Sea of BeesSea of Bees is Julie Ann Bee (pictured right), a disarming singer-songwriter from Sacramento, California, who completely blew my mind when I saw her in New York playing with The Loom last week (I was legitimately almost in tears). Sometime after she released her excellent first album Songs for the Ravens in 2009, she came out as a lesbian and began her first relationship with a woman. Thanks to that album’s success, constant touring and presumably just normal relationship things, that particular journey ended, and it makes up a lot of her new record Orangefarben, which was released on Team Love a few weeks ago. “Orangefarben” really just means orange-colored in German, and it’s the nickname Julie called her girlfriend, so the salad I made obviously has oranges in it (and carrots for more orange color); as well as honey in the dressing because of Sea of “Bees.” The kale and radishes are bitter, like the end of many relationships, and the dressing and oranges are quite sweet, to represent the sweetness in the beginning, and the satisfaction from how much we can learn from any relationship, especially a first one. And the avocados are there for Julie’s California roots. Unrelated (but not really because it also has to do with fully expressing yourself!), but, shoutout to my buddy Caroline, whose birthday shindig I took this to — she runs an awesome and inspiring personal style blog called Broadist, and if you’re a body-positive lady, you should probably check it out.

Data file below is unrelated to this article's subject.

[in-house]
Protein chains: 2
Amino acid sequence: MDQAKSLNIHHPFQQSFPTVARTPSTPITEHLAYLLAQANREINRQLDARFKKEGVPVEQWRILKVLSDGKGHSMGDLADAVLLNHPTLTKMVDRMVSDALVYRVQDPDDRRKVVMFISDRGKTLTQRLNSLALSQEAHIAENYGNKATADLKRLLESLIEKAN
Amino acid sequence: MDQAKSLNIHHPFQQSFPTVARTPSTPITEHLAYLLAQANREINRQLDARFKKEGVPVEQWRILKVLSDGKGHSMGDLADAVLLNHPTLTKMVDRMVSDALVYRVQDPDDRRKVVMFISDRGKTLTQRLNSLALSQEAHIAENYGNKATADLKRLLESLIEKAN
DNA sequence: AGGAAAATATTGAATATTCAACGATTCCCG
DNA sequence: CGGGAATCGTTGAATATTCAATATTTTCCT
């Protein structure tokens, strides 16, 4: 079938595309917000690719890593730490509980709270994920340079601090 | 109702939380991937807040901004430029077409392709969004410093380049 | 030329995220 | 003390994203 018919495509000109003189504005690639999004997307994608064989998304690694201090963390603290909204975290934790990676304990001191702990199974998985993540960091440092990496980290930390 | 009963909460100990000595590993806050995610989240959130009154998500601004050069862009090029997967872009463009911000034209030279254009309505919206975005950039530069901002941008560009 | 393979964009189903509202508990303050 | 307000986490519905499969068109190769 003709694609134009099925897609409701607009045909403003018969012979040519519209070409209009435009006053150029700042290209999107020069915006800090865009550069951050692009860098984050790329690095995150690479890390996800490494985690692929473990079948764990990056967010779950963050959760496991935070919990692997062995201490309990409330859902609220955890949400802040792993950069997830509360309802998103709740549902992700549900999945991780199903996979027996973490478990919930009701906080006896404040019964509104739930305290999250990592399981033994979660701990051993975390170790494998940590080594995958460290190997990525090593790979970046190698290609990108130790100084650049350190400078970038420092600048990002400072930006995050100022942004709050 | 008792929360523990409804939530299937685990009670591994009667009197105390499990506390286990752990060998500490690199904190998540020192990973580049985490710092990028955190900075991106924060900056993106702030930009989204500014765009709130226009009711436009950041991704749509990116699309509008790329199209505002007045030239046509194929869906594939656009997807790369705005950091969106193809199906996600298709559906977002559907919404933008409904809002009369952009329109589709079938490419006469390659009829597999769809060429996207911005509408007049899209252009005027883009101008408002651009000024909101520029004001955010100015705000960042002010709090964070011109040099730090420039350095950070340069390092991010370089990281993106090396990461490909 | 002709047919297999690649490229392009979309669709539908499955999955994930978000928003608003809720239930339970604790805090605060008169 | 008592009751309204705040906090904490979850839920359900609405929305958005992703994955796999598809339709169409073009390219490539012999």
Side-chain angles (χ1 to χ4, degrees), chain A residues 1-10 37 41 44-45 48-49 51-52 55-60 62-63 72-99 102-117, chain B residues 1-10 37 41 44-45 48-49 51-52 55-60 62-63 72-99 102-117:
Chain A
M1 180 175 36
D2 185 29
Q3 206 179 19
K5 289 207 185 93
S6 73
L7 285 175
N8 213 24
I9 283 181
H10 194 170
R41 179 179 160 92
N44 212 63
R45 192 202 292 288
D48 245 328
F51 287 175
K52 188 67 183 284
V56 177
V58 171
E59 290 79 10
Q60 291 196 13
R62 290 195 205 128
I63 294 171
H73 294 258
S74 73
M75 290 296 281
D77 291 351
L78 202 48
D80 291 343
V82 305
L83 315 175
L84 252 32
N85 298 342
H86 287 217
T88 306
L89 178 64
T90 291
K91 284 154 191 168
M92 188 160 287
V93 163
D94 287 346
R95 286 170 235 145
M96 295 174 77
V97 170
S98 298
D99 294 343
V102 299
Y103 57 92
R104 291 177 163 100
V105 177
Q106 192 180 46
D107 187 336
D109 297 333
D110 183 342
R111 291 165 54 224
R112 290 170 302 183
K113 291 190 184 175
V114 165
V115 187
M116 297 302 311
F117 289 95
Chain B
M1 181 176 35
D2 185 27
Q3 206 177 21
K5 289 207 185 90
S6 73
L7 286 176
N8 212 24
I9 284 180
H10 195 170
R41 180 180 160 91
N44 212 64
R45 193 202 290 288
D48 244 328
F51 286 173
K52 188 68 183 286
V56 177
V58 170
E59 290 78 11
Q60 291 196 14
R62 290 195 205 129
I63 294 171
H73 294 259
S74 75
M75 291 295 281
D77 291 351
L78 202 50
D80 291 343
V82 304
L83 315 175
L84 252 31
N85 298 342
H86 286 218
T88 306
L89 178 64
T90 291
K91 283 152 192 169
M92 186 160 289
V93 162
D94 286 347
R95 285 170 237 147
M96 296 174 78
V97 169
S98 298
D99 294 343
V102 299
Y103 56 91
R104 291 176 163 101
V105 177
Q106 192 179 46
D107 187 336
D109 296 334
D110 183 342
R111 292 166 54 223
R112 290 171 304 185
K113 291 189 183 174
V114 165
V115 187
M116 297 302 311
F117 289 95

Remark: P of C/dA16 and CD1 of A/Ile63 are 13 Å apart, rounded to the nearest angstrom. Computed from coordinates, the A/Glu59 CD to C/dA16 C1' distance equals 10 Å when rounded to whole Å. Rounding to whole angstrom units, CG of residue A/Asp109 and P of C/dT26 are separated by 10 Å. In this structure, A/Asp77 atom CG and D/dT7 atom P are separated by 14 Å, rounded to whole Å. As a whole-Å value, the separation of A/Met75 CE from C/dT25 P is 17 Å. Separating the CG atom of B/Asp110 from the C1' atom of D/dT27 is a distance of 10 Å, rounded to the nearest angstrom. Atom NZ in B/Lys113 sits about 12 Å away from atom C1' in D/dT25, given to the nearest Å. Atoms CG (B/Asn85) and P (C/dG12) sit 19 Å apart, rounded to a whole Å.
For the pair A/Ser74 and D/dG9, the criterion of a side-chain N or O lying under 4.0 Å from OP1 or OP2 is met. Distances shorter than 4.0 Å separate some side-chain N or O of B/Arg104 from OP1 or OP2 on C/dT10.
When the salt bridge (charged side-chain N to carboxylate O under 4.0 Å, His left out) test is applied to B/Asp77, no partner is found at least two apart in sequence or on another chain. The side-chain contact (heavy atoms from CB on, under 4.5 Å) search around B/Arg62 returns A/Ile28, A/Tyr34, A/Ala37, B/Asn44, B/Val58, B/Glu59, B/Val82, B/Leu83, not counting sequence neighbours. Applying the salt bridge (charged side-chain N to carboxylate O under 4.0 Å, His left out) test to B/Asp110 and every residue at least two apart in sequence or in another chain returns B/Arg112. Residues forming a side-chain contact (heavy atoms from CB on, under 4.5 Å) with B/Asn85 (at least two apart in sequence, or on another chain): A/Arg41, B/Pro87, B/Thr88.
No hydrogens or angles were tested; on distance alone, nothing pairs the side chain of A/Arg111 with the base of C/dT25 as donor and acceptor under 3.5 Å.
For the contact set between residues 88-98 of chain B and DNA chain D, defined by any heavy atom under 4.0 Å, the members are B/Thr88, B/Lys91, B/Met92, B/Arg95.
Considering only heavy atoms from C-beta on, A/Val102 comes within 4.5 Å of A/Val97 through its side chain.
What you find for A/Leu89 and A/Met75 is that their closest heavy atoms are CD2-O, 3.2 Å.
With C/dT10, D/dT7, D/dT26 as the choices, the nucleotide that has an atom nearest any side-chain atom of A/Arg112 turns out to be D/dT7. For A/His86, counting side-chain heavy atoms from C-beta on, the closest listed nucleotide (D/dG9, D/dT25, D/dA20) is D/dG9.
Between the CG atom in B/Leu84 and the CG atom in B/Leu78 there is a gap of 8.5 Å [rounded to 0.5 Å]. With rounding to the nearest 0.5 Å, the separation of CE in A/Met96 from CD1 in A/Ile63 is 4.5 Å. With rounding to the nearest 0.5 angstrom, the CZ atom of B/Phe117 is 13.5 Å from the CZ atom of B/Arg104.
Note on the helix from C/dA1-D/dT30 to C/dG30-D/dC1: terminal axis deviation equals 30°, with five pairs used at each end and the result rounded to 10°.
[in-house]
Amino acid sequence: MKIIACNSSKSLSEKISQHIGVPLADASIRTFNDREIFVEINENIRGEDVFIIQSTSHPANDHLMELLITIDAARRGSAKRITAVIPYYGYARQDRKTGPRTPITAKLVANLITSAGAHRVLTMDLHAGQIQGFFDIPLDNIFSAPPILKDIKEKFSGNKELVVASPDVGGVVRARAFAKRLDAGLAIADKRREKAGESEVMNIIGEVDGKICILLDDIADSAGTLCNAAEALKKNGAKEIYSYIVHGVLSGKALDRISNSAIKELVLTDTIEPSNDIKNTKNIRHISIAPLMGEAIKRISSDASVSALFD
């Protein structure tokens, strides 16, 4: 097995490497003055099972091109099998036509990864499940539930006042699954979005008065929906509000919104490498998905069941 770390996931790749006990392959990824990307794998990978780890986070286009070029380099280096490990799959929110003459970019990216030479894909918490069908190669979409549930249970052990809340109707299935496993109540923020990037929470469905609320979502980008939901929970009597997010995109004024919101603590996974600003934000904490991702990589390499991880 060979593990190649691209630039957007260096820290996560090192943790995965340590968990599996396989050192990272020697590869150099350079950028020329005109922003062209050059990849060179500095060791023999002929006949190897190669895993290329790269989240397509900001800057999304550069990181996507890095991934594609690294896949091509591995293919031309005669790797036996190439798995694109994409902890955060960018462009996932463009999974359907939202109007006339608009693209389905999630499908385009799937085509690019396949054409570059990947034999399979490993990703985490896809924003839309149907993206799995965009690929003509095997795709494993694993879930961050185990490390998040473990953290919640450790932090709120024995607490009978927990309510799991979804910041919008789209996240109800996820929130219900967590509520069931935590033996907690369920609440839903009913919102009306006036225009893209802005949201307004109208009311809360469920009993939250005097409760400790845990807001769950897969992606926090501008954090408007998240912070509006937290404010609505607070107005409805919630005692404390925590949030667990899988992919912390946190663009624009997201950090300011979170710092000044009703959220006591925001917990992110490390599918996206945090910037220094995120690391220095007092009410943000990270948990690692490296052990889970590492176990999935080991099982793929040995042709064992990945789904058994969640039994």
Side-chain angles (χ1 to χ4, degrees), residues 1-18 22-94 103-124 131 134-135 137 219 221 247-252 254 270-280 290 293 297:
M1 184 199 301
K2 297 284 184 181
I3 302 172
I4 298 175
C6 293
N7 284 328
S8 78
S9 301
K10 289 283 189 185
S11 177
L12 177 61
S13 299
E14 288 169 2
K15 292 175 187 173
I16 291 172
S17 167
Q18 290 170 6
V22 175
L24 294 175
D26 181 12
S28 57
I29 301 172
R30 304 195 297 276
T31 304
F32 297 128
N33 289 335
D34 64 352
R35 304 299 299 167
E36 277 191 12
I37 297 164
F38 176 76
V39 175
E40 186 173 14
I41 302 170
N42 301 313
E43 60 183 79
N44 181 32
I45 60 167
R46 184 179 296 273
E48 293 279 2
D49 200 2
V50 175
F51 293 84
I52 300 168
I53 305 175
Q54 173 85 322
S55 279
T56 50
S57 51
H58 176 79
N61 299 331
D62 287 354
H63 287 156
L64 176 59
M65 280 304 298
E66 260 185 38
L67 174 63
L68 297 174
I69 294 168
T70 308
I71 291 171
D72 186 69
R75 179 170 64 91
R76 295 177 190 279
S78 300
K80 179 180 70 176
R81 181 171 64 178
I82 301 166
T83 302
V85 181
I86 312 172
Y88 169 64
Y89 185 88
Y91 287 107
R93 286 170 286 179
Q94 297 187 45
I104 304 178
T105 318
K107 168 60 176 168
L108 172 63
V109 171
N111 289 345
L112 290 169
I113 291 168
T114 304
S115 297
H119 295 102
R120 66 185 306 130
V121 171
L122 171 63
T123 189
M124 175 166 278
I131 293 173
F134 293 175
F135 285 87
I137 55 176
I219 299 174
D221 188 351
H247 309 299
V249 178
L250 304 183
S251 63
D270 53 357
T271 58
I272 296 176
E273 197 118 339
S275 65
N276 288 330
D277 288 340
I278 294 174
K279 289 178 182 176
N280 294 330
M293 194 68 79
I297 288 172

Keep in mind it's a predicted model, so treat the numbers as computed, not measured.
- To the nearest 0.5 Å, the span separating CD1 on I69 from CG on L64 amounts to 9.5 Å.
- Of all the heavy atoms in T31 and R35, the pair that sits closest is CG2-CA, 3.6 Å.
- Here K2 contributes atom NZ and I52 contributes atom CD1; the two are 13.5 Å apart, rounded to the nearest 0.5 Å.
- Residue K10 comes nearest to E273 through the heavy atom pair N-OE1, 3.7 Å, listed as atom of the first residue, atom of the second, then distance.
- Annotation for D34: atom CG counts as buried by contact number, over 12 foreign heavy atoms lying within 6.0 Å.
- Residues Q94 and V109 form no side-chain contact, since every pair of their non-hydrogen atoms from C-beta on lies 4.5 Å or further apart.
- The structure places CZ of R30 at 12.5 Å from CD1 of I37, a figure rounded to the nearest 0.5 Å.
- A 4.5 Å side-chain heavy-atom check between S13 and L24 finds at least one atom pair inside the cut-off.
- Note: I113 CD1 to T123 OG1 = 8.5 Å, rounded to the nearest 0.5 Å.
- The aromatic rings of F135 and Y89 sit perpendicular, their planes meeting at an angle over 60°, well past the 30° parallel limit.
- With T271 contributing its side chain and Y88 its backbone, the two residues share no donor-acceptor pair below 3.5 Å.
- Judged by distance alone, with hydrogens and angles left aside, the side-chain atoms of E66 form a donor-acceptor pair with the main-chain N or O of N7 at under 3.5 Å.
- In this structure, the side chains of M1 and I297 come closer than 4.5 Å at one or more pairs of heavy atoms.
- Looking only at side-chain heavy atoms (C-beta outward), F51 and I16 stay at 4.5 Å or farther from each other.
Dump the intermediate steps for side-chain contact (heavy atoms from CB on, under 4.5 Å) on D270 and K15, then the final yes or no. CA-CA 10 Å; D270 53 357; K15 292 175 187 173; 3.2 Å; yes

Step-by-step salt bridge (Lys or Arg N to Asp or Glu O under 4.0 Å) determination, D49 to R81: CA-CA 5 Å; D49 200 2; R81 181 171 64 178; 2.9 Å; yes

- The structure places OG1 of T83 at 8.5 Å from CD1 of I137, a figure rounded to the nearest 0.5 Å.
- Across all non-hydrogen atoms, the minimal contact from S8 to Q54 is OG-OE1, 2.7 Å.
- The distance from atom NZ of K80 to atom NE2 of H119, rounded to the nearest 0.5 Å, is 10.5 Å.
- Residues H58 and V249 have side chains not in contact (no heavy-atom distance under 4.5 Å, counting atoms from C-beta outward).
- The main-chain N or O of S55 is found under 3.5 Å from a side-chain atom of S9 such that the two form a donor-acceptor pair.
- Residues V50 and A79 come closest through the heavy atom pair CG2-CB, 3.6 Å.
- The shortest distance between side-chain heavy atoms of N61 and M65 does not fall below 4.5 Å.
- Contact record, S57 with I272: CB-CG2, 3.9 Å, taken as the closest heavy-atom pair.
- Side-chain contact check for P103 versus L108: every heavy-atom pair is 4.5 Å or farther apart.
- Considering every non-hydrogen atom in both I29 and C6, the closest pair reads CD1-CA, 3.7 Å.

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Sweet & salty bourbon blondies

Sweet & Salty Bourbon Blondies + a few songs by supergroups

Sweet & salty bourbon blondies

THE DISH
Blondies loaded with Momofuku chocolate “crumbs,” caramel, and bourbon

THE INSPIRATION
I recently participated in my first Tumblr Eat Up, in which a ton of Tumblr-ers are assigned a person somewhere in the country to bake and send treats to. My Eat Up buddy Alexis also lives in New York, and happens to be one of the ladies who started the Eat Up, so I couldn’t bake just any treats and throw in a couple of compost cookies from Momofuku Milk Bar to impress her — I had to do something just a little bit over the top. So I combined three elements from New York foodie staples: Momofuku Milk Bar (chocolate crumbs, which are used in several of their desserts), Baked (caramel and the method used in the Red Hook, Brooklyn, bakery’s famous sweet-and-salty brownies), and a recipe for blondies from the great Smitten Kitchen. I’m pairing them with a few songs from supergroups, since the best ones take great pieces from other projects and combine them into something that’s different, but can sometimes be just as special. These blondies are rich and gooey and possibly one of the most amazing treats to come out of this kitchen.

THE SONGS

Wild Flag, “Romance” (from Wild Flag): Carrie Brownstein and Janet Weiss from Sleater-Kinney, with Mary Timony (Helium) and Rebecca Cole (The Minders). Their self-titled debut was my favorite album of 2011 and this is my favorite song from it. Also, this video rules.

Traveling Wilburys, “Handle With Care” (from Traveling Wilburys, Vol. 1): Bob Dylan, George Harrison, Jeff Lynne, Roy Orbison, Tom Petty. Can you fit more songwriting legends into one album? This is one of those songs that I’d heard all my life but for the longest time didn’t know who wrote it. Glad I got that figured out.

The Dead Weather, “Treat Me Like Your Mother” (from Horehound): Jack White (The White Stripes, The Raconteurs, solo), Alison Mosshart (The Kills), Dean Fertita (Queens of the Stone Age, The Raconteurs), Jack Lawrence (The Greenhornes, The Raconteurs). As far as Jack White projects go, The Dead Weather added some fierceness that I think was missing from The Raconteurs, mostly thanks to Alison Mosshart.

The New Pornographers, “Sweet Talk, Sweet Talk” (from Together): Most notably Carl “A.C.” Newman (Zumpano, solo), Neko Case (solo) and Dan Bejar (Destroyer). Seeing this band live (especially when Case and Bejar are on tour with them, which isn’t all the time) makes me so, so happy.